I know Delta has ninjas who can change my ticket from deep discount economy to full fare economy (if you're IRROPS because of mechanical problems, they can even change a deep discount economy ticket to business elite/first class if those are the only seats left) and rebook me on a route that involves a different airline and a connection in a different country than my original route. They have done this for me. It seems like this is beyond the scope of the third party online travel agencies, so I'm willing to pay a modest amount more for better service recovery when things have gone pear-shaped. Yet again.

Posted by
20266 posts

And Delta just announced they're laying off a bunch of those ninjas. "Not productive" ie. They cost money doing all these wonderful things for customers.

Posted by
2754 posts

A couple years back we had a stupid booking from Expedia to go Philadelphia to Budapest connecting in Boston and Zurich, returning from Kraków through Munich and Dulles, basically because we didn't yet know better and were not working direct. Anyway, on flight day there were storms up and down the east coast, and by midday I could see the actual plane we would be on to Boston was way behind schedule. This was on USAir, which happens to have a direct Philly to Zurich flight (like I said, a stupid booking), and still had a couple of seats. So immediately on arrival at the airport, after going through security, we went to an empty USAir desk and showed them the problem. Problem understood, that we would be in Boston overnight, and switched on to their Philly-Zurich flight (with a great big thank you from her when she asked for our bag claims, and we pointed to our stuff on our backs!)

Posted by
6 posts

Third party booking is generally cheaper, though not a 100% of the time. However, the service that you get while booking while booking direct through the airline website is far superior.
You could deal with long layovers, multiple connections and bad customer service when you flight is delayed / missed.
When you find the cheapest fare on Orbitz, Priceline, Kayak etc. you can check out the corresponding airline website to see if the price is same and book that airline. It has happened to me several times. For example, I used Kayak to search for a flight to Australia and saw that Air New Zealand had the cheapest flight. I went to the Air New Zealand website and saw that the price was the same, so I booked through Air New Zealand.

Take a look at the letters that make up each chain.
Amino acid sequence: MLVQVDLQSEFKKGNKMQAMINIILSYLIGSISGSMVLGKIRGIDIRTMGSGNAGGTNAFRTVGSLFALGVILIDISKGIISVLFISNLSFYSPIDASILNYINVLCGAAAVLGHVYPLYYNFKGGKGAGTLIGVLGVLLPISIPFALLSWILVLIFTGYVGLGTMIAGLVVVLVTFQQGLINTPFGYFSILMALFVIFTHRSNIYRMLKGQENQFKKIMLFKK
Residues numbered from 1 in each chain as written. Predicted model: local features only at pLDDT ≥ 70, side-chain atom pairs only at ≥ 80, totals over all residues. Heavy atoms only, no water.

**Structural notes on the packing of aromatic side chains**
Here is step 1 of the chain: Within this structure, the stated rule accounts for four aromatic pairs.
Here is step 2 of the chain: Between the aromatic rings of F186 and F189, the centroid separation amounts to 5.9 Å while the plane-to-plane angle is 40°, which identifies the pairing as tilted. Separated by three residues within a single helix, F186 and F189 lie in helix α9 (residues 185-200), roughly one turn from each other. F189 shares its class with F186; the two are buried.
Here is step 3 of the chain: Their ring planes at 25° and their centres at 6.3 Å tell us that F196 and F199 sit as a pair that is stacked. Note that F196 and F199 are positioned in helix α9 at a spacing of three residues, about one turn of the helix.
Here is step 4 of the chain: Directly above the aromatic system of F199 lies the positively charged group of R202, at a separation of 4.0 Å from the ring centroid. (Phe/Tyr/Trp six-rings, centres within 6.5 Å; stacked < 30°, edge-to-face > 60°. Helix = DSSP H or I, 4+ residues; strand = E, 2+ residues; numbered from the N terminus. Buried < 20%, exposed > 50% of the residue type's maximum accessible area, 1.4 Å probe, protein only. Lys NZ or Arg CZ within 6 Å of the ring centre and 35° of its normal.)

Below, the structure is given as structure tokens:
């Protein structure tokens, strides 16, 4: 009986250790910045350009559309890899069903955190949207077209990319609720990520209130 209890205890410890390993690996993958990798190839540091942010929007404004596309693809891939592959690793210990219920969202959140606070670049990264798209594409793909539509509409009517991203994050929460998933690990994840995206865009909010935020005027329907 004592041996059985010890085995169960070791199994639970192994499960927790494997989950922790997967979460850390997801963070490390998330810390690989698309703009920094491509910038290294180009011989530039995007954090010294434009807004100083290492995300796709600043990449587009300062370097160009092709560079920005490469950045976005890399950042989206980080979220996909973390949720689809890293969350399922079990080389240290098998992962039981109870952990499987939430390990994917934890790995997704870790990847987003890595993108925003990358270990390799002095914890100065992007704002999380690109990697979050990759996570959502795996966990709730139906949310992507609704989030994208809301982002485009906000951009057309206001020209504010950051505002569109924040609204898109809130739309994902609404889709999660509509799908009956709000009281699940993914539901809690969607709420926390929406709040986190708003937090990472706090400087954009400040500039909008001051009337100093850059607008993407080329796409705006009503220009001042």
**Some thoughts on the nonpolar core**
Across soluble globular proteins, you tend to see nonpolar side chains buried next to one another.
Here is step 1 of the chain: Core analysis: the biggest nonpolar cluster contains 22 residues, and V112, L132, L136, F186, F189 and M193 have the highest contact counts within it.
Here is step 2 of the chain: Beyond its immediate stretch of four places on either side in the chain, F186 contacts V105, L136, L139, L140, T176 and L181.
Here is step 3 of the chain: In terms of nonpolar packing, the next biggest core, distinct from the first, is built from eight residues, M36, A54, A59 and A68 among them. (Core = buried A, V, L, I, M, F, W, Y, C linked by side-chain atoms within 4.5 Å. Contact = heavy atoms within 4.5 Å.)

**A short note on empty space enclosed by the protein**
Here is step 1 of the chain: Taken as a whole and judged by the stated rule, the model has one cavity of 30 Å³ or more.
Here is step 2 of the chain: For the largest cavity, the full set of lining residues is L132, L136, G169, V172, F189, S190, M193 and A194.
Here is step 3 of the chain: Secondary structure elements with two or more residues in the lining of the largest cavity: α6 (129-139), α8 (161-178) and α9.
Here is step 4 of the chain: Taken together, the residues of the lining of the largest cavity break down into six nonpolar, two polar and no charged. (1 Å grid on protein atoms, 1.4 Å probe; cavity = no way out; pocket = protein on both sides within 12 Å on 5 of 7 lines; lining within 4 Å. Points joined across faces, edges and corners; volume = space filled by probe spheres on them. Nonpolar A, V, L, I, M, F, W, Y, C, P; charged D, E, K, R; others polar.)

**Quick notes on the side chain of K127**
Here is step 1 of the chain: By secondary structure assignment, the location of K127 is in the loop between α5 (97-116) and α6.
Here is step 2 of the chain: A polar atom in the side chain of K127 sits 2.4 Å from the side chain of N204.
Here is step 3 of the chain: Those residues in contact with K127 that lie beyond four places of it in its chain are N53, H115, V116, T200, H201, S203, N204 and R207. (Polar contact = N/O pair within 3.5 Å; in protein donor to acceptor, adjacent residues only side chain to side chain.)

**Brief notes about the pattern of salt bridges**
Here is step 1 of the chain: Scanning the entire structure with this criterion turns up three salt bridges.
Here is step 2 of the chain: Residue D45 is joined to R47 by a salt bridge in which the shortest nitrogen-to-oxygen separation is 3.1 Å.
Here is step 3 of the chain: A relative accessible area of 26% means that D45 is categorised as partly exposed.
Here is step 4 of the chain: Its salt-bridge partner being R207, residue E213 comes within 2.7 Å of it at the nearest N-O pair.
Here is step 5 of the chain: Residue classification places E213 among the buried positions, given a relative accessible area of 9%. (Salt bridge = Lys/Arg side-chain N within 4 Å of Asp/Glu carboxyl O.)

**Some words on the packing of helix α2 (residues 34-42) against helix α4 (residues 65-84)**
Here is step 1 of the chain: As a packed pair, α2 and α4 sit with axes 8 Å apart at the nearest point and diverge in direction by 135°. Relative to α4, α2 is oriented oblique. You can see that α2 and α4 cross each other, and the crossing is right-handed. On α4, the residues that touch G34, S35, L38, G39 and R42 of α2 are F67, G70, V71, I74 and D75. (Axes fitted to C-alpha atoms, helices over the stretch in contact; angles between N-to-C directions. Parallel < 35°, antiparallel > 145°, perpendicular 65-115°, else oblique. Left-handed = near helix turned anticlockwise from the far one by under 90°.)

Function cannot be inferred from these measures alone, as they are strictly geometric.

Posted by
1221 posts

The three closest commercial airports to me are all quite small and the third party sites are not generally falling over themselves to provide cut rate deals out of VPS, so the Expedias of the world aren't generally going to offer me a screaming deal.

I like Hipmunk and its 'agony index' and that it's a click through site where you end up booking directly with the airline in the end, complete with the airline granting frequent flyer miles for the flight and providing IRROPS services directly. I just wish it didn't seem to have intermittent problems displaying Sky Team alliance airlines since Delta has 2/3rds of the flights out of my closest airport.

Posted by
2916 posts

After many years of European travel, this is what I now do: For airline tickets, I now always book direct, often after checking fares and flights on Hipmunk. For hotels, I sometimes book direct and sometimes through, depending on rates and ease of reserving. For car rentals, I usually book through AutoEurope or Kemwel, but occasionally have booked directly though Europcar.

Posted by
19118 posts

"I sometimes book direct"

The important thing is not booking direct, but finding bookings that are not listed on a booking website. I think the booking websites have contracts with the properties that prevent the properties from offering the same room for less if booked direct. However, there are some "tricks" that the properties employ to save you money be booking directly. Sometimes, the property only offers their most expensive rooms on the booking website, but has less expensive rooms (maybe without balcony, maybe smaller) on it's site. Othertimes, the property might offer a package deal, not offered by the booking website, possible including meals or entrance to attractions, that if you consider the extra at full price makes the room less expensive than on the booking website.

But for the most part, I have found that if you can find a property in the same town (eg on the town's website) that does not use the booking website, it will be less expensive than those listed on the booking website.